Mar 20, 2024
MSU’s Project GREEEN backs research into new way of breeding potatoes

A Michigan State professor has been leading research into diploid potato cultivation for years. As Jack Falinski writes on, Dave Douches’ team is preparing to submit a potentially game-changing petition to the USDA.

From the article:

Roughly ten years ago, Dave Douches, a professor in Michigan State University’s Department of Plant, Soil and Microbial Sciences and director of MSU’s Potato Breeding and Genetics Program, led the Solanaceae Coordinated Agricultural Project (SolCAP). The project, funded by the U.S. Department of Agriculture’s National Institute of Food and Agriculture (USDA NIFA) to advance potato and tomato crops, gave rise to a new potato-breeding venture Douches has been exploring ever since.

Most potatoes grown in the world are tetraploids, meaning they have four sets of chromosomes. This makes breeding potatoes relatively difficult due to the high level of genes that must be crossed.

During his time as director of SolCAP, Douches recognized the need for finding the genetic material needed to cultivate a diploid potato, one that has just two sets of chromosomes. Both tetraploid and diploid potatoes originated from South America centuries ago, but it ultimately was the tetraploid potato that reached the global market and is what consumers typically buy today.

Dave Douches, professor in Michigan State University’s Department of Plant, Soil and Microbial Sciences and director of MSU’s Potato Breeding and Genetics Program. Photo courtesy of MSU.

“It was in that project I realized we needed to think of a new way of breeding the potato at the diploid level and to capture the advantage and simplicity of using diploid genetics,” Douches said.

Diploid breeding allows for genetic advances to happen quickly. At the diploid level, scientists can edit genes with a greater probability of achieving desired traits than they can at the tetraploid level.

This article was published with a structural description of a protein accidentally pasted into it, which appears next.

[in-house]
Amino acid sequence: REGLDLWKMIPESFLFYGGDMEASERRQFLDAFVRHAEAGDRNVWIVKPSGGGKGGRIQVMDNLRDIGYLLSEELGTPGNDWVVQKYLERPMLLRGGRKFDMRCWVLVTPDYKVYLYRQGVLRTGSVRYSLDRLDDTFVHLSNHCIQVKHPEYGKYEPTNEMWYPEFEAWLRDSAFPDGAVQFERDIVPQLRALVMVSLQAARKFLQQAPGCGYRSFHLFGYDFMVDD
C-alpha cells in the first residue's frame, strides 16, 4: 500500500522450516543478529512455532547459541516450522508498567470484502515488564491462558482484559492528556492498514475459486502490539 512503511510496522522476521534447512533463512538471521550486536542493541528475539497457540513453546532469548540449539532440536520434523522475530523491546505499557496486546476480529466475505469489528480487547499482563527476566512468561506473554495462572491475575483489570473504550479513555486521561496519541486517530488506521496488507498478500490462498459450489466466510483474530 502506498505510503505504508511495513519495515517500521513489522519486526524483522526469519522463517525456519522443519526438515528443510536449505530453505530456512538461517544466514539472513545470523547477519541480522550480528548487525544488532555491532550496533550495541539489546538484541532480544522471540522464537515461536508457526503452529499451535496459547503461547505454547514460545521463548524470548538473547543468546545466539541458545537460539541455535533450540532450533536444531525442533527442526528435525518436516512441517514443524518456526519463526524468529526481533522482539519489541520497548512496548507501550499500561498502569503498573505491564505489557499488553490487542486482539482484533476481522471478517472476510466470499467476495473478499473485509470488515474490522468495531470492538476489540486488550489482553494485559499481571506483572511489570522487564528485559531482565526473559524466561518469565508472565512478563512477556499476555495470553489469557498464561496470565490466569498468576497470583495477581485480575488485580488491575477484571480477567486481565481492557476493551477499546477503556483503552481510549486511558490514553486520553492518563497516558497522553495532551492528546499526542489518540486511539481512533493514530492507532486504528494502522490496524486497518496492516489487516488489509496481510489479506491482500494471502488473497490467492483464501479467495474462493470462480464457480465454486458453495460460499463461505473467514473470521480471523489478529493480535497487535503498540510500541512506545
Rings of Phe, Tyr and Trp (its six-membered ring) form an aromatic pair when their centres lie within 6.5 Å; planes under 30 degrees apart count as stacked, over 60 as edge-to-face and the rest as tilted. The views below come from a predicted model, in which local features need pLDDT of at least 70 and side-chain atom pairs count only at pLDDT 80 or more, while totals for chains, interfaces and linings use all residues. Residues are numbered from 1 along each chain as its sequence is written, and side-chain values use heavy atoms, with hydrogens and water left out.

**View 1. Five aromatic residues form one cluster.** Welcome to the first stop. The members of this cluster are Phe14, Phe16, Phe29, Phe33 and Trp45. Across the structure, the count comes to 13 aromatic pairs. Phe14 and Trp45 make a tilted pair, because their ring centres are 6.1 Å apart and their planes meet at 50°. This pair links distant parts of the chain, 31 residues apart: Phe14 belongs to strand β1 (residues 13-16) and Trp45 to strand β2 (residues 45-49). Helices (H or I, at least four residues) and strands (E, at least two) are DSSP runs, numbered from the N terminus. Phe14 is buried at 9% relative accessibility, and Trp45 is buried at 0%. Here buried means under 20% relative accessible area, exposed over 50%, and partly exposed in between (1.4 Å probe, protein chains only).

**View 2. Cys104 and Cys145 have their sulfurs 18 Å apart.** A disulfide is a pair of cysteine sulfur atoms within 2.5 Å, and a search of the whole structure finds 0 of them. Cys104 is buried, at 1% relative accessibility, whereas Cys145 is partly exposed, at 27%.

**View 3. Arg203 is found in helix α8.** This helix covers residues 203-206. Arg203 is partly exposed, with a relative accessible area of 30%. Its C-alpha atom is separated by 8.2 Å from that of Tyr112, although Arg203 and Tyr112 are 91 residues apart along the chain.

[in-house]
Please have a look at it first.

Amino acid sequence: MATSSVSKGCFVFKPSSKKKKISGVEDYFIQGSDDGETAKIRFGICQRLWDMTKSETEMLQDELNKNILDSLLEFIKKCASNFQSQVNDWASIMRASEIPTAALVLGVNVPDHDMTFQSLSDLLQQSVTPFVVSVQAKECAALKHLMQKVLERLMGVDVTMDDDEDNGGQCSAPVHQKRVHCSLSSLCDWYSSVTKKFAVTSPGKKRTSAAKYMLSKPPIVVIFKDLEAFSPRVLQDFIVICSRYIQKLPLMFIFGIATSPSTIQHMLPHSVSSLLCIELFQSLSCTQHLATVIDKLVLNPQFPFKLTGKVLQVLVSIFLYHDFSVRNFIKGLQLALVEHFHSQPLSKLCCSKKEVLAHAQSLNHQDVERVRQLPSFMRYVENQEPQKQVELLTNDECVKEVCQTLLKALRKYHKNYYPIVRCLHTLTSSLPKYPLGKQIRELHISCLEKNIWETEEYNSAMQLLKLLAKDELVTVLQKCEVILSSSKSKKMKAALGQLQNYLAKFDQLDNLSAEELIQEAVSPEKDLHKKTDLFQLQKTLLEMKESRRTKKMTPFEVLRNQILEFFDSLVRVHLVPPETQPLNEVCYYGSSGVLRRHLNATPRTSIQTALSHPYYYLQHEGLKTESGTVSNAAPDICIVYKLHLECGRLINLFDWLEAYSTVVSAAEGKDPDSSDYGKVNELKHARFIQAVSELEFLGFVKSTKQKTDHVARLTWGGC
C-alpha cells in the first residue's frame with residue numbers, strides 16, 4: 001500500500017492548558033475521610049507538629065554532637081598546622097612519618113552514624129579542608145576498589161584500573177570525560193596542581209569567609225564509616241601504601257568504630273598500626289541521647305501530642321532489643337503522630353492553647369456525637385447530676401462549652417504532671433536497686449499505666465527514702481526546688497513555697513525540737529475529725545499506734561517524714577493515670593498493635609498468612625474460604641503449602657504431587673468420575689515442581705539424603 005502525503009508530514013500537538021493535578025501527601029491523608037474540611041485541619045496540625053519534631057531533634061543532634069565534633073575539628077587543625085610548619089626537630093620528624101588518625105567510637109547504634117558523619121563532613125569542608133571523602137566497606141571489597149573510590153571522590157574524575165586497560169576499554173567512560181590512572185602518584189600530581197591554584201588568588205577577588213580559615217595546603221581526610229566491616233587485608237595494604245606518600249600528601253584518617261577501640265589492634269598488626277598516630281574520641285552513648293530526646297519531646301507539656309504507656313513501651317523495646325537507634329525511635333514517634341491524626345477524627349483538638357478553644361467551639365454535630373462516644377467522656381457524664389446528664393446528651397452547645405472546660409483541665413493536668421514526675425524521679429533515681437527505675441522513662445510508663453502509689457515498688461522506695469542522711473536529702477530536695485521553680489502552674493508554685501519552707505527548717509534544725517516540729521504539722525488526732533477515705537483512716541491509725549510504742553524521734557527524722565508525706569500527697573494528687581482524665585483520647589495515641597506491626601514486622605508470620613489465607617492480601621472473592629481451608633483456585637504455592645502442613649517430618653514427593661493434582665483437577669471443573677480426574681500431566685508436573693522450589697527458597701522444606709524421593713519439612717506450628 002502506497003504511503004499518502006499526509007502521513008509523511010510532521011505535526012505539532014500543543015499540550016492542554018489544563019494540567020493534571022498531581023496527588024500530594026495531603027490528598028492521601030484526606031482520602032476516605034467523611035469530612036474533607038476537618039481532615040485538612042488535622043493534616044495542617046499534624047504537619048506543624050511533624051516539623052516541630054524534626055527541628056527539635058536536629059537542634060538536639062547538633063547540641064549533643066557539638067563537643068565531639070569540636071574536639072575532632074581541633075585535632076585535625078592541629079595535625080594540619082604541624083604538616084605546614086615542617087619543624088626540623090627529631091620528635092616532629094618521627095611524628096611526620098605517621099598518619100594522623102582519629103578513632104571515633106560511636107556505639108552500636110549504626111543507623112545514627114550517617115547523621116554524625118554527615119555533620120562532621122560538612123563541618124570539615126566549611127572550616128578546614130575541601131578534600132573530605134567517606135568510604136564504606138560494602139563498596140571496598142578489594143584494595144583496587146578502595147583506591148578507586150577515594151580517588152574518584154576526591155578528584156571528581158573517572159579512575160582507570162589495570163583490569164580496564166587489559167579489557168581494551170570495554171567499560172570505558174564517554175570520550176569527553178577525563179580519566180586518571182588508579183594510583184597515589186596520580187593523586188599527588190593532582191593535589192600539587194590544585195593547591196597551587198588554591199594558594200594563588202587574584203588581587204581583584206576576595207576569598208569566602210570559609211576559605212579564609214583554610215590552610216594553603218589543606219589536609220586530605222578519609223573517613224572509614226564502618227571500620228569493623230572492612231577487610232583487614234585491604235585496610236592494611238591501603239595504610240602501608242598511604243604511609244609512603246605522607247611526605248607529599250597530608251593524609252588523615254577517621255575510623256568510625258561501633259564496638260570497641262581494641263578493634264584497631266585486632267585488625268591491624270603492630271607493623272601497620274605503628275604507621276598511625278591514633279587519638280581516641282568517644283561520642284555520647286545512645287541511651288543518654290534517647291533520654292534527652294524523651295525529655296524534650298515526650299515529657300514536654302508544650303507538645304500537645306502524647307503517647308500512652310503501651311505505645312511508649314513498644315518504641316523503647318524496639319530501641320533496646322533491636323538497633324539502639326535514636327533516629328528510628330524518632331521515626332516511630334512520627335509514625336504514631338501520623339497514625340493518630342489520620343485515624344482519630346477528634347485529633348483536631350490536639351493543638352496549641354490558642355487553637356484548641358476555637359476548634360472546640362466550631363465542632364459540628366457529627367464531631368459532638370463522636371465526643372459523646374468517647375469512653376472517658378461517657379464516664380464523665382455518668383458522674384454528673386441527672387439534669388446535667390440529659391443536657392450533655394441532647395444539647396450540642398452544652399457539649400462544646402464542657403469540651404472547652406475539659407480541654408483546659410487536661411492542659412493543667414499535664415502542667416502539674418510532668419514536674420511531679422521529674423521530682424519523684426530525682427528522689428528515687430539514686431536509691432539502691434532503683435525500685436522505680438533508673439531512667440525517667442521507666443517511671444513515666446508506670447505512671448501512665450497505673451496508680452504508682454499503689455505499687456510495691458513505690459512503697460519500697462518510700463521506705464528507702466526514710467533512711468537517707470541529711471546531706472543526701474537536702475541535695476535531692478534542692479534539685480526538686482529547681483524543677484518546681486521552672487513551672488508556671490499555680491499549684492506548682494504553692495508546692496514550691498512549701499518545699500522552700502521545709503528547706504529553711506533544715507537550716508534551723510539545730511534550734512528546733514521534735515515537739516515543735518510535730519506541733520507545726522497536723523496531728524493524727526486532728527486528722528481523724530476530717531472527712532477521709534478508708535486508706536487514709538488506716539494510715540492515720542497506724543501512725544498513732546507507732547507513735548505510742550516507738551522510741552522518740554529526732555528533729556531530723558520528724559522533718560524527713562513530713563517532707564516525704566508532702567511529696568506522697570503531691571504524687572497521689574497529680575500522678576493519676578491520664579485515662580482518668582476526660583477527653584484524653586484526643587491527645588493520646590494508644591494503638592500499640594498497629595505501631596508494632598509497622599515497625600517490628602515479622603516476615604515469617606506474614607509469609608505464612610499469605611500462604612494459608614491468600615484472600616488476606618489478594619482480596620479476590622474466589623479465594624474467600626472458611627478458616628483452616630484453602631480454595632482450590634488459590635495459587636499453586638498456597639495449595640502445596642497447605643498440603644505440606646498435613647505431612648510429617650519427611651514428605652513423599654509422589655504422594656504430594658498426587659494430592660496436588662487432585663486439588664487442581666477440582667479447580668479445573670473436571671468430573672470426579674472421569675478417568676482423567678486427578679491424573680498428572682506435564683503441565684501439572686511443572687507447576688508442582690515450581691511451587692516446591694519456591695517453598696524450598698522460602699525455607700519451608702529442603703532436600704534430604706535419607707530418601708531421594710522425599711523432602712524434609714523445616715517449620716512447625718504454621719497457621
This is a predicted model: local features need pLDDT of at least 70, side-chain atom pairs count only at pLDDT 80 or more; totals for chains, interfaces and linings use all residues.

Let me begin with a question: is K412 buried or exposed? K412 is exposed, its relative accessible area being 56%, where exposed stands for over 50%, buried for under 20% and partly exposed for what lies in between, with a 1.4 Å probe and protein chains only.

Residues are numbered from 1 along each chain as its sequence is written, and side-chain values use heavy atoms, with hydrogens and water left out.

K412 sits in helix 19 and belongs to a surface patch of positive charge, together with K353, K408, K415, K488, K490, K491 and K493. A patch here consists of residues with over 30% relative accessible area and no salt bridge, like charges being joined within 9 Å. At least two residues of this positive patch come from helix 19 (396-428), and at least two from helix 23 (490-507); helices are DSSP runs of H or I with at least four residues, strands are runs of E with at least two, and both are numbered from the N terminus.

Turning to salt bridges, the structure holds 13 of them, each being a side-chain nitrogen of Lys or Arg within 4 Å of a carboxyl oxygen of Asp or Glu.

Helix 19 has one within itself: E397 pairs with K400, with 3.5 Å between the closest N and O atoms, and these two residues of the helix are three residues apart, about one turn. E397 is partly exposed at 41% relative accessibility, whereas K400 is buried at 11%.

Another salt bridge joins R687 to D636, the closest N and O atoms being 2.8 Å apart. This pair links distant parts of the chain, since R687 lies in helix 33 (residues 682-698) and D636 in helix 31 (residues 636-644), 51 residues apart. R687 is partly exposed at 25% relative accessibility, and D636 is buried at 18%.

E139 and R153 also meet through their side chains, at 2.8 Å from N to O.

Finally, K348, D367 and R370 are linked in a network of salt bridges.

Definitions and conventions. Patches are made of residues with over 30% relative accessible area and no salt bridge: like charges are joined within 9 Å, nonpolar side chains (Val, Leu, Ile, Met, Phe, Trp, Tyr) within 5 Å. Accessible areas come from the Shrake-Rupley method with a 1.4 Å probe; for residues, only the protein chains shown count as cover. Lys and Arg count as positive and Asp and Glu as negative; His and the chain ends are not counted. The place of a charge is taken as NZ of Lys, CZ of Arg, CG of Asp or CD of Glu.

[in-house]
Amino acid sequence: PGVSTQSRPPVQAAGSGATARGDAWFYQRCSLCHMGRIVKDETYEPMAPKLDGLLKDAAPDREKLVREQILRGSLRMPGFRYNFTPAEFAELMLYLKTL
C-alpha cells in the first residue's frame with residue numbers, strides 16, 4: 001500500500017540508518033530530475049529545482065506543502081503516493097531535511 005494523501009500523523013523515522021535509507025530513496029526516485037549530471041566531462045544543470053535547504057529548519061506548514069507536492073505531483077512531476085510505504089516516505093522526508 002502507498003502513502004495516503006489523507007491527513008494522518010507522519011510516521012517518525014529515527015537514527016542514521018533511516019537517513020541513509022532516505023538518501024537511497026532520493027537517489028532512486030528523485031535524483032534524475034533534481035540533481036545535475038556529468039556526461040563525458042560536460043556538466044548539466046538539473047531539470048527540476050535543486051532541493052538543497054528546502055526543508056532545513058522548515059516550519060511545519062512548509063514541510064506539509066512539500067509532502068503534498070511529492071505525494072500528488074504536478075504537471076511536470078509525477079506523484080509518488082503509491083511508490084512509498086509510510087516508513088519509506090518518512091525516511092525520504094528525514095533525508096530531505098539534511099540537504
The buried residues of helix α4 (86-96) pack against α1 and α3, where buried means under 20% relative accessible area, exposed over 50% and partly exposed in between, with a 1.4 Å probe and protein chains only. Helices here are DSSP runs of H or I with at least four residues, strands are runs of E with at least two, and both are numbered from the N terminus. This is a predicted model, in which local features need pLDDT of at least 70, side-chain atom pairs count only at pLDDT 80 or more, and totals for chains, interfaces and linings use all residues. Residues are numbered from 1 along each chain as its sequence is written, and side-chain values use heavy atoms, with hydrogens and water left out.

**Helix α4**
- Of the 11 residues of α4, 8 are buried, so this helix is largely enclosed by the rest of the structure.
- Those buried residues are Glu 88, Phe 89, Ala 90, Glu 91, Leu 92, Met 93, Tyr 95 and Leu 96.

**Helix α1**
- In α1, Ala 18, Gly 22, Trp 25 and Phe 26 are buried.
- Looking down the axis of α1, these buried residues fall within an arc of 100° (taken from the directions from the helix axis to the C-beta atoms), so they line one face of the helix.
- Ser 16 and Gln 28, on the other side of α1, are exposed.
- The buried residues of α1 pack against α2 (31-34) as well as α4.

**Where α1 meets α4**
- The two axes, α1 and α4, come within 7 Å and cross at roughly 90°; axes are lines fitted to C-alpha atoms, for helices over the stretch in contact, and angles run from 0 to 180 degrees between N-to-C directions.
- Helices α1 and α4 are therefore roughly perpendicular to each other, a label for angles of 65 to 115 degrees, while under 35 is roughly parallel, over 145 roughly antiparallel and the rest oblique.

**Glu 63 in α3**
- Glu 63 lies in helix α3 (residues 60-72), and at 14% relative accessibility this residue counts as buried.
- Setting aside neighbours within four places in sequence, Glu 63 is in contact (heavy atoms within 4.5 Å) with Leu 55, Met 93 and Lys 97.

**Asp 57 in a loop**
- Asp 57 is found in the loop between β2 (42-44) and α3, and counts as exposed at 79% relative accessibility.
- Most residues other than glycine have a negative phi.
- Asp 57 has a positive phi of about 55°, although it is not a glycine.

To help launch this research, Douches applied for and received Project GREEEN funding in 2018.

Project GREEEN, Michigan’s plant agriculture initiative that’s housed at MSU and includes plant-based commodity groups and businesses, MSU AgBioResearchMSU Extension and the Michigan Department of Agriculture and Rural Development, has been critical in pursuing a diploid potato germplasm — the genetic material of reproductive cells used for breeding, conservation and research.

“Since 2018, Project GREEEN has helped us jumpstart this work,” Douches said. “It’s really been crucial work because we’ve been taking advantage of modern technology and gene editing to impart self-compatibility in diploid potatoes.”

Self-compatibility refers to the process of a plant being able to pollinate itself from its own seeds and fruits. Before the research funded by Project GREEEN, self-compatibility was a rare trait within diploid potatoes. Now, it’s a viable option that may open the door for numerous varieties of diploid potatoes to easily and quickly be developed.

Douches said he and his team are preparing to submit a petition to the USDA that, if granted, would allow the gene-edited potato capable of self-compatibility to become exempt from regulations with minimal restrictions, a similar standard that conventional foods are held to.

Another challenge Project GREEEN has helped Douches overcome in breeding potatoes is developing further resistance to pests, specifically the Colorado potato beetle. Prior to studying potatoes at the diploid level, Douches said there was little progress made in finding the gene that would protect potatoes against the beetle. However, with Project GREEEN funding, he was able to hire a graduate student who discovered the gene.